ALBANY, N.Y. (AP) — Melissa DeRosa, a fixture next to Gov. Andrew Cuomo for months during his coronavirus news conferences, resigned late Sunday on the heels of a report that found Cuomo sexually harassed 11 women, leaving the governor without his top aide as he faces the prospect of impeachment.

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DeRosa, who had been one of Cuomo’s most fierce defenders and strategists, said in a statement sent to multiple new organizations that serving the people of New York had been “the greatest honor of my life.”

But she added that “Personally, the past two years have been emotionally and mentally trying.”

She didn’t give a more specific reason for her resignation.

“I am forever grateful for the opportunity to have worked with such talented and committed colleagues on behalf of our state,” she said.

DeRosa’s departure comes as Cuomo has dug in for the fight of his political life despite the threat of criminal investigations and widespread calls for his impeachment.

Scores of Democrats, including President Joe Biden, have urged him to leave office or face an impeachment battle he probably cannot win.

About two-thirds of state Assembly members have already said they favor an impeachment trial if he refuses to resign. Nearly all 63 members of the state Senate have called for Cuomo to step down or be removed.

More punishing news for the governor is expected Monday when an Assembly committee meets to discuss possible impeachment proceedings and “CBS This Morning” is scheduled to broadcast the first TV interview from an executive assistant who accused Cuomo of groping her breast.

In her first public interview in which she identified herself, Brittany Commisso told CBS and the Times-Union newspaper, of Albany, that what Cuomo did was a crime and that he “needs to be held accountable.”

Commisso has said Cuomo reached under her shirt and fondled her when they were alone in a room at the Executive Mansion last year and on another occasion rubbed her rear end while they posed for a photo. She was the first woman to file a criminal complaint against Cuomo.

“He broke the law,” she said in an excerpt of an interview scheduled to be aired in full on Monday.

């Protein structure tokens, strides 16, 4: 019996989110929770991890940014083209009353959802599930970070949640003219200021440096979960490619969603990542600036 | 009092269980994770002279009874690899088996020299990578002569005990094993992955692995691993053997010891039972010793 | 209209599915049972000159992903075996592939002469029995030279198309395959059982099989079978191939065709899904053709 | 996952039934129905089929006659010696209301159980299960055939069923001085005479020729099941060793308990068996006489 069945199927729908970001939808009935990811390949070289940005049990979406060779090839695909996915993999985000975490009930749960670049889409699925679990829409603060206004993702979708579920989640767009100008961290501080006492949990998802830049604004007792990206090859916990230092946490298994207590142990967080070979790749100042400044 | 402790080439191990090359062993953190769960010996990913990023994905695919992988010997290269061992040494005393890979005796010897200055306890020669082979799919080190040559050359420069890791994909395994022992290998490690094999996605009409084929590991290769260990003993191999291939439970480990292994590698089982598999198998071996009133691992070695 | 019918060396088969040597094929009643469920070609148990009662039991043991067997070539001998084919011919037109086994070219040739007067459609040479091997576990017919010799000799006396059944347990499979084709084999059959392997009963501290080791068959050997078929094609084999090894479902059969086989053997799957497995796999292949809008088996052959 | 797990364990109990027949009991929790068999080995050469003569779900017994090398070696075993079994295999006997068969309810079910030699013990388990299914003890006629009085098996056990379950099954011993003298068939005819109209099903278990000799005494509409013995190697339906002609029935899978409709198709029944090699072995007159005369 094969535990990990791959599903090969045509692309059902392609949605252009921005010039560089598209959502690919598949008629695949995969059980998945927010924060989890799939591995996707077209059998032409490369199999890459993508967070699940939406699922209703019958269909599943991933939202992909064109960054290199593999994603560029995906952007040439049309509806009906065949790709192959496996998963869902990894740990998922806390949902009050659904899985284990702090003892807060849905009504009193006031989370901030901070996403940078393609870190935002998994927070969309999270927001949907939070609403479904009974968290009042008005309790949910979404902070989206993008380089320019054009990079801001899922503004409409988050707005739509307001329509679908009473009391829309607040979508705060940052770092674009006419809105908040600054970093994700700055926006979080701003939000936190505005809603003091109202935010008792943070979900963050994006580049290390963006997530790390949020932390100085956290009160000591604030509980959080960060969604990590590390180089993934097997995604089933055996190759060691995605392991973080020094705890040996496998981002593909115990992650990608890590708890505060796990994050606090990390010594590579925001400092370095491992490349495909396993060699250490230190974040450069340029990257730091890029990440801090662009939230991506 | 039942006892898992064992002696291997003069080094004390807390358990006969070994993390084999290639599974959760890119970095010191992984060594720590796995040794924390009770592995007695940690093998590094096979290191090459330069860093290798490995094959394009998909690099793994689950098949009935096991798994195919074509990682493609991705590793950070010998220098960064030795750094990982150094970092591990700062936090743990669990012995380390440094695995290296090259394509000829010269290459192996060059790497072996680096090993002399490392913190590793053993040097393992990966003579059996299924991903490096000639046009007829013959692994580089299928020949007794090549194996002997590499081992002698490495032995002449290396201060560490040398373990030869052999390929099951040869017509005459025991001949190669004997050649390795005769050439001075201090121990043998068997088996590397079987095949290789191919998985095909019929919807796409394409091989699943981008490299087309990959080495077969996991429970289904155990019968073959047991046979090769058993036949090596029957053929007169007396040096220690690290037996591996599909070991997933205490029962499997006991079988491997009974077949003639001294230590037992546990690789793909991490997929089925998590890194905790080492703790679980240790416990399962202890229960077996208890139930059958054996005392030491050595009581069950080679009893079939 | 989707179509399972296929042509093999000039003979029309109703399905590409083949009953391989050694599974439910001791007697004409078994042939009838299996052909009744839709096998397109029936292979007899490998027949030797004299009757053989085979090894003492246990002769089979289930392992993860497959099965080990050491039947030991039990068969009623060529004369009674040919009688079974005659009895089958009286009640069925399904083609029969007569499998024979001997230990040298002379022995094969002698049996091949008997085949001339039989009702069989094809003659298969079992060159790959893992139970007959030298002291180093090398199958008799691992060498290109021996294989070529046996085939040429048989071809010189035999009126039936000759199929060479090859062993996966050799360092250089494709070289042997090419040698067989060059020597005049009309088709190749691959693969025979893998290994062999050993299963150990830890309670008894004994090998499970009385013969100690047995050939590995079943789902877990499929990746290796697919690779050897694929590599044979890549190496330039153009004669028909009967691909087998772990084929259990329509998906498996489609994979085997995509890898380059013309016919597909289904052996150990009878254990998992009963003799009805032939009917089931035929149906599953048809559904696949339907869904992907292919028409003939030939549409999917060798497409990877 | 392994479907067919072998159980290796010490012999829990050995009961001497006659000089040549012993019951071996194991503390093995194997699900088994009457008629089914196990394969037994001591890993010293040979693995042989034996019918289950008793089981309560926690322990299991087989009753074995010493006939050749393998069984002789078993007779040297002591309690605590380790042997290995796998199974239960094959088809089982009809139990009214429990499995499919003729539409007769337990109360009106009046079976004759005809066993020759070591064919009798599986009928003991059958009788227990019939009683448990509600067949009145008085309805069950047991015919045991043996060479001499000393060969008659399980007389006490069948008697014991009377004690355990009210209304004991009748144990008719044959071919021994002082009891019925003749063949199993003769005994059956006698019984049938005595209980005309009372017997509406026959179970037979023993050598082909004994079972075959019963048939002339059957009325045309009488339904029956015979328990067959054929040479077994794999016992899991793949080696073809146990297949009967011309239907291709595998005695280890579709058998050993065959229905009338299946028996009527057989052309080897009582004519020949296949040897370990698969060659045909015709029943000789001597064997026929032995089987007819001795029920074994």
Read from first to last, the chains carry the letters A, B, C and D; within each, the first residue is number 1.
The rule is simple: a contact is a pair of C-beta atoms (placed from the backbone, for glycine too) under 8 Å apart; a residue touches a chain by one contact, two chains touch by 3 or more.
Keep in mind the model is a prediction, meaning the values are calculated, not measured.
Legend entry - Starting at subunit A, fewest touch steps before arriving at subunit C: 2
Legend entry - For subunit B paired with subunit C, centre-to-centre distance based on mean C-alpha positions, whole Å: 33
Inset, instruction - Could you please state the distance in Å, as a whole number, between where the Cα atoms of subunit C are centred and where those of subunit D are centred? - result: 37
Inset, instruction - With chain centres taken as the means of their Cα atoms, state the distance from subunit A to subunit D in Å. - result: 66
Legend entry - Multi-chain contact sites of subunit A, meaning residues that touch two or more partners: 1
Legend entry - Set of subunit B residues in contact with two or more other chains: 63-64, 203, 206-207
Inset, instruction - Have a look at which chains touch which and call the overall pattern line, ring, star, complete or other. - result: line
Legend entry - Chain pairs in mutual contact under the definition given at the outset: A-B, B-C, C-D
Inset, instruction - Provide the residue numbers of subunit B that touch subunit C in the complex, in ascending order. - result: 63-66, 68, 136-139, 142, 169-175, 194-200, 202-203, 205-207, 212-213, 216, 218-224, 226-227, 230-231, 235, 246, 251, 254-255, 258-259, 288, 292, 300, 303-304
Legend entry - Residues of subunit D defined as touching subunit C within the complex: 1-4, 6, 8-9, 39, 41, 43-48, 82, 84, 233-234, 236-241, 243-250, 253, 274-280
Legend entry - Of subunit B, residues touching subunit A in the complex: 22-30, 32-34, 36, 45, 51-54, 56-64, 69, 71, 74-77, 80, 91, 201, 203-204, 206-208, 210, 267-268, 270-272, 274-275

The Associated Press does not identify alleged victims of sexual misconduct unless they speak out publicly, as Commisso has done.

Cuomo, who has denied touching any women inappropriately, has largely been holed up in the governor’s mansion since the release of a 168-page report written by two independent attorneys selected by the state attorney general to investigate his behavior.

His lawyers have attacked the credibility and motives of his accusers.

DeRosa, who often defended Cuomo when he faced public criticism, had been with the administration since 2013. She got the title “secretary to the governor” in 2017, and was probably the most recognizable face in the administration after Cuomo.

She appeared by his side in most of his news briefings and often fielded policy questions from reporters when the governor didn’t know enough details to answer.

DeRosa was mentioned 187 times in the attorney general’s report, which detailed the administration’s efforts to discredit some of his accusers.

The report described DeRosa as a central figure in his office’s retaliation against one of the women, Lindsey Boylan, after she became the first person to speak out publicly. The administration released internal memos showing that Boylan had, herself, been the subject of complaints about toxic workplace behavior.

The investigators’ report also revealed some tension between DeRosa and Cuomo: She told investigators she was so upset with the way Cuomo had handled a conversation with one of his accusers, former aide Charlotte Bennett, that she angrily got out of his car when it stopped at a traffic light.

“She told the governor, ‘I can’t believe that this happened. I can’t believe you put yourself in a situation where you would be having any version of this conversation,’” the report said.

The governor’s lawyers have promised what will likely be a drawn-out fight to stay in office, and few see him as willing to quit.

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